There are a lot of ideas being tossed around, some of them interesting (Starbuck is human yet resurrected?) some of them meh (now the Cylons have a secret homeworld? how convenient) but it just isn't cohering into a story. It's a jumble of elements being tossed at us in order to fill time till the show ends. At this point, just before the end, there should be more of a sense of cumulative tension building to something of some importance, and instead it's just circling the drain.
Some emotional resonances still exist - Kara and Sam, Adama and Roslin, Adama and Tigh toasting the Galactica
before her demise - but the major storyline, which has become The Eternal Cylon Soap Opera of Boredom, completely falls flat. I don't give a frak about Hera, or whether the Cylon race survives. They're a failed experiment, and they don't deserve
to survive. Why doesn't anyone just admit it or even mention it as a possibility?
Adama blathered about humanity not deserving to survive, even though we've now discovered that humanity did nothing wrong and the whole catastrophe was Cavil throwing a tantrum and his Cylon pals (presumably) being either incredibly gullible or moronic to just go along with him unquestioningly. The Cylons were the ones at fault, so why don't they go commit suicide now? It would be consistent with the harsh moral tone this series has often taken, and is one of its most unique qualities that separates it from other sci fi sagas. I don't mind that tone - it's good to have something unique - but morality needs to be applied consistently or it becomes meaningless pompous twaddle.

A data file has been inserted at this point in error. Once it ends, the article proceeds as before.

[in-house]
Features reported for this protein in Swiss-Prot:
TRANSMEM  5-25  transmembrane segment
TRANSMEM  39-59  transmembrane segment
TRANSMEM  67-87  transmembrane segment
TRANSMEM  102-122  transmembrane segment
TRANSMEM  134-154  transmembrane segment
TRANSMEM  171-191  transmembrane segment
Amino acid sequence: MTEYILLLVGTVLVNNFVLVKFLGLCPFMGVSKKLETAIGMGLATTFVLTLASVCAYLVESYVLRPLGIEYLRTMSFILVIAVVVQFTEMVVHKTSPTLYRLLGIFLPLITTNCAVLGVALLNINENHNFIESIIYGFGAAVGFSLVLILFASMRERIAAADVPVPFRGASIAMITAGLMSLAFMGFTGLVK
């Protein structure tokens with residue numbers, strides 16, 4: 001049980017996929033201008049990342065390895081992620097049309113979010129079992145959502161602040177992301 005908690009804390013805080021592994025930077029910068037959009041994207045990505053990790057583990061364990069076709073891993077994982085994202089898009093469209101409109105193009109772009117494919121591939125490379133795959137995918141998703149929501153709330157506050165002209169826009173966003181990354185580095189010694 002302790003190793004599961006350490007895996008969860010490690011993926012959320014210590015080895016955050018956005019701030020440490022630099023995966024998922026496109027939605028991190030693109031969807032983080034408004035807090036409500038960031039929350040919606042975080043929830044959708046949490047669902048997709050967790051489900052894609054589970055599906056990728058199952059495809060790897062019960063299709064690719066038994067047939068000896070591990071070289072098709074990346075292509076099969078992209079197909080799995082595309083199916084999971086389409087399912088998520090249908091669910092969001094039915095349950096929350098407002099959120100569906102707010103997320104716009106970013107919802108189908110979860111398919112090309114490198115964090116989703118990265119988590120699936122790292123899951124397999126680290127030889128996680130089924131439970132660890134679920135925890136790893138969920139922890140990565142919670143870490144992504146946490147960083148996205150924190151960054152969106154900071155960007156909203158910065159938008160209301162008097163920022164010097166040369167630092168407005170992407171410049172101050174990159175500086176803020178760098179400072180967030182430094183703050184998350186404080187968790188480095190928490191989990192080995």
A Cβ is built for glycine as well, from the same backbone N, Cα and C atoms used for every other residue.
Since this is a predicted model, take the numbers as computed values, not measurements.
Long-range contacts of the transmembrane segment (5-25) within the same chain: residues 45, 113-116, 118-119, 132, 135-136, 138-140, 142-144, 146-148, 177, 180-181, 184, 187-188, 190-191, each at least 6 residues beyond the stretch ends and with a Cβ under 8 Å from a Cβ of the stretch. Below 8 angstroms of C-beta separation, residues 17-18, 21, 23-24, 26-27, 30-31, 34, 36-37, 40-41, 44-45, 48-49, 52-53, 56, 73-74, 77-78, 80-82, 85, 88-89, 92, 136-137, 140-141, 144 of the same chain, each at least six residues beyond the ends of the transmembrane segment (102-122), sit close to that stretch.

I still fail to understand why the writers set the Cylons up to be not just evil but flat-out idiotic, yet expect us to have a shred of sympathy for them. The writers
are the ones who have destroyed the possibility of that sympathy, so they should be honest about it in how they write the conclusion of this story. I wonder if they even realize what they've done - I don't think they do. There's clearly a story they want
to tell, but it's not the one that they're telling. To tell that story would require a great deal of rewriting of the Cylons. The lack of advance planning is really showing now - they should never have attempted to tell a story this complicated completely on the fly.
I hope to god that galactica goes out in style, and that this show does not end on a downer or in a sopranos style.
If any show ever required a downer ending, this one is it. If the Cylon race doesn't end up completely exterminated for all time, it will render the harsh moral tone of the series nothing more than pompous twaddle. For the good of BSG
, all Cylons must die! (Sorry Sam, you too.
Am I the only one who teared up when Adama broke down in painting the Wall?
They've pulled that bit one time too many and at this point, it's cheap melodramatics. I kind of cringed/sneered at it, to be honest.
I'm not saying that BSG should be Lost. I'm saying the writers of BSG could learn a thing or two from the writers of Lost. To illustrate this, I'd say that Lost is just as much about its characters as BSG is about its characters. However, while Lost has developed exceptional characters, they have ALSO developed the plot in extremely interesting ways.
= Show worth watching for some of the characters, but the overall story is clumsy and sometimes painful to endure to get back to the good character moments.
= Show worth watching for many of the characters and the overall story is great, too, so there are no dead periods where characters you don't give a flip about are on the screen and/or people are yakking about plot elements that really should have been dramatized, so that you are tempted to hit the fast-forward button just to get to the good stuff.
Why settle for one thing when you can get the whole package? I know Lost
sets a very high standard for TV shows, but the standard exists and it's silly to ignore it out of some misguided loyalty to what is, after all, just a silly TV show about killer robots in space.